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How to take action sports pictures at night with D70

Last response: in Digital Camera
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February 13, 2011 2:30:12 PM

Hello,
I am trying to take sports (soccer/lacrosse) pictures at night. Shutter speed of 1/125 does not allow for a low enough aperture setting to get good pictures. Field is pretty well lit but as good as the D70 is it cannot create more light so I was wondering if anyone knew any tips for forcing the D70 to try harder.
Anonymous
February 13, 2011 4:44:58 PM

You might try reducing resolution which may allow faster shutter speed and reduced blur (and/or reduced cycle for next picture) .

Forgive me if I'm way off on this suggestion as it's only based on my observation that shooting evening meetings regularly in the same rooms using compact digitals, I've experienced more blur as I've upgraded to better cameras with more megapix.
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February 14, 2011 4:41:25 AM

I'm not trying to be an smart a$$ here but, 'just wondering if you set your lens to its lowest aperture and set the camera to higher ISO, is your lens a fast lens and does it feature Vibration Reduction? use of a monopod or a tripod instead of handheld is better.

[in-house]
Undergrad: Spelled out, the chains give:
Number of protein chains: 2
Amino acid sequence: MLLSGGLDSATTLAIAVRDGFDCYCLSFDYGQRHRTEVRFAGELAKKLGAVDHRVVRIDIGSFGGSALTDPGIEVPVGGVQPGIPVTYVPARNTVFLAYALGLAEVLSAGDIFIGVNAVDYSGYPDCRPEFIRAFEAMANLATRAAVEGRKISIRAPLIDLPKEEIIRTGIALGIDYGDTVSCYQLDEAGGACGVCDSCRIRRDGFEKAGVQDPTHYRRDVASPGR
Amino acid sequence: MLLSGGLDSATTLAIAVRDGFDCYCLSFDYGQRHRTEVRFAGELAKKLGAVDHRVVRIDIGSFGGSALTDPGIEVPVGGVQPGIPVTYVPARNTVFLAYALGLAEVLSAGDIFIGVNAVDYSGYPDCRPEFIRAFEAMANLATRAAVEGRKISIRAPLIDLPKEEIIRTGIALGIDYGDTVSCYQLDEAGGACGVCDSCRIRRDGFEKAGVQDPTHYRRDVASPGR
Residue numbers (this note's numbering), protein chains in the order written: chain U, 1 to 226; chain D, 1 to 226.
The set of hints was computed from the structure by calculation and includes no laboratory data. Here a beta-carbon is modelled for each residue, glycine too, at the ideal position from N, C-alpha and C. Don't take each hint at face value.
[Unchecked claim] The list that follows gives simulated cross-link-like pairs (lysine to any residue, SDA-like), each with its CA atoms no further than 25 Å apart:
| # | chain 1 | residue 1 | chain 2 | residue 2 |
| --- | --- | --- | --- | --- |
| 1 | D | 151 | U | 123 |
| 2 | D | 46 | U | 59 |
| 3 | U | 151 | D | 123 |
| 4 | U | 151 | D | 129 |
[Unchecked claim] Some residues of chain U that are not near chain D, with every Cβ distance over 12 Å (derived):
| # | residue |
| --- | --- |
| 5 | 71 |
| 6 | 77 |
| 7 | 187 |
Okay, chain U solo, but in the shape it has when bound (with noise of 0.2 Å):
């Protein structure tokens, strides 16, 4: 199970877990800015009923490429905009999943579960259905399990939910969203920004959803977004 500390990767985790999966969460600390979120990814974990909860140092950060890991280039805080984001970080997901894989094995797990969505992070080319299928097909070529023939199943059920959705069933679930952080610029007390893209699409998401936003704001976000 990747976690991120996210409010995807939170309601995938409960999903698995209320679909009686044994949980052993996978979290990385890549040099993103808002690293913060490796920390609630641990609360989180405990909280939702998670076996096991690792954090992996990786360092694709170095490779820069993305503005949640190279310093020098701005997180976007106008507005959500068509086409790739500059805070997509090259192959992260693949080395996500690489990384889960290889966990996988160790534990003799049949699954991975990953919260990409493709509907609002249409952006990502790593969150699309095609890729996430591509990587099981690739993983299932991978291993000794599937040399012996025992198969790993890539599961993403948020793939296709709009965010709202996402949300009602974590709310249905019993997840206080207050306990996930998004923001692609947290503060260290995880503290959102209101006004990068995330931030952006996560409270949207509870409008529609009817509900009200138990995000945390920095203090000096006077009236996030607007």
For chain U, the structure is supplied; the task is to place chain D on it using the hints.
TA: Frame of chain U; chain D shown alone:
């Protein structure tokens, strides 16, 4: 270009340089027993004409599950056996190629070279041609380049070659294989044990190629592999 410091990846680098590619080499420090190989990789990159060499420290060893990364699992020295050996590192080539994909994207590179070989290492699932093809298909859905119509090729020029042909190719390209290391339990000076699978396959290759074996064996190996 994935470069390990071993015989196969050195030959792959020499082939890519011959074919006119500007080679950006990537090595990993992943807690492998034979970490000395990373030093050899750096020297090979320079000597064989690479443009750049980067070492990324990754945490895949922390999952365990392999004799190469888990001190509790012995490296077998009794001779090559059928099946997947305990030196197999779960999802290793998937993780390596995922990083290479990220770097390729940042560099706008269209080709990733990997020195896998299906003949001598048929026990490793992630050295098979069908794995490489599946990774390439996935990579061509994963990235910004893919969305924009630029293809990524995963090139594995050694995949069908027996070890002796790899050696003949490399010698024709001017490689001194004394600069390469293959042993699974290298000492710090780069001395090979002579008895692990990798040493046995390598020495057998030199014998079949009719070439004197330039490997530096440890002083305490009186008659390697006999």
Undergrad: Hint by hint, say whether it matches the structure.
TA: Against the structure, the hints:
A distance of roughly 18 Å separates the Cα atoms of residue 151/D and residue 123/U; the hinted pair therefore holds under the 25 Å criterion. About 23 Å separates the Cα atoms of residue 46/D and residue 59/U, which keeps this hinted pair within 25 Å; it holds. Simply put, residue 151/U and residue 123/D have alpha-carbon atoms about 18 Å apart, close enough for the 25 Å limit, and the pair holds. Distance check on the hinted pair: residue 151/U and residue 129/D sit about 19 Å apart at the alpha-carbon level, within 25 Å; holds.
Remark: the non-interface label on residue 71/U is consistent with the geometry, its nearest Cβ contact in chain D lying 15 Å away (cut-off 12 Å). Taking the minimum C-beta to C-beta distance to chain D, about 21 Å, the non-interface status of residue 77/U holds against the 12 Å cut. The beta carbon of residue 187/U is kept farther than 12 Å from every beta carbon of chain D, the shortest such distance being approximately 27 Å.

In addition to what fihart suggested, one other trick is to anticipate the movement and take the shot before or after the peak. Since using flash is useless when taken pictures from a distance, set the camera to take multiple (rapid) shot instead of single shot. You’ll have more chance to get a better shot.
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February 24, 2011 1:36:55 AM

Set your ISO to 400 (higher if you're willing to tolerate the extra noise) and use the widest aperture setting your lens is capable of. if you can get away with it, use a shutter speed of 1/60 - 1/80. it should be fast enough to freeze most action.

you'll probably want to set your camera to use a single focus point rather than multiple points because of the shallow depth of field you're going to get. That will help make sure you're focused on the subject rather than the background

you can also try bumping up the exposure compensation a step or two.

If you shoot in RAW, you can use something like Lightroom or Elements to post-process and bring up the brightness further if all of the above still leaves you with slightly underexposed images. You can do the same with JPG, but RAW gives you a little more flexibility.
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February 24, 2011 1:39:29 AM

if it's something you're going to be doing regularly, consider investing in a faster lens (f/2.8 or better)
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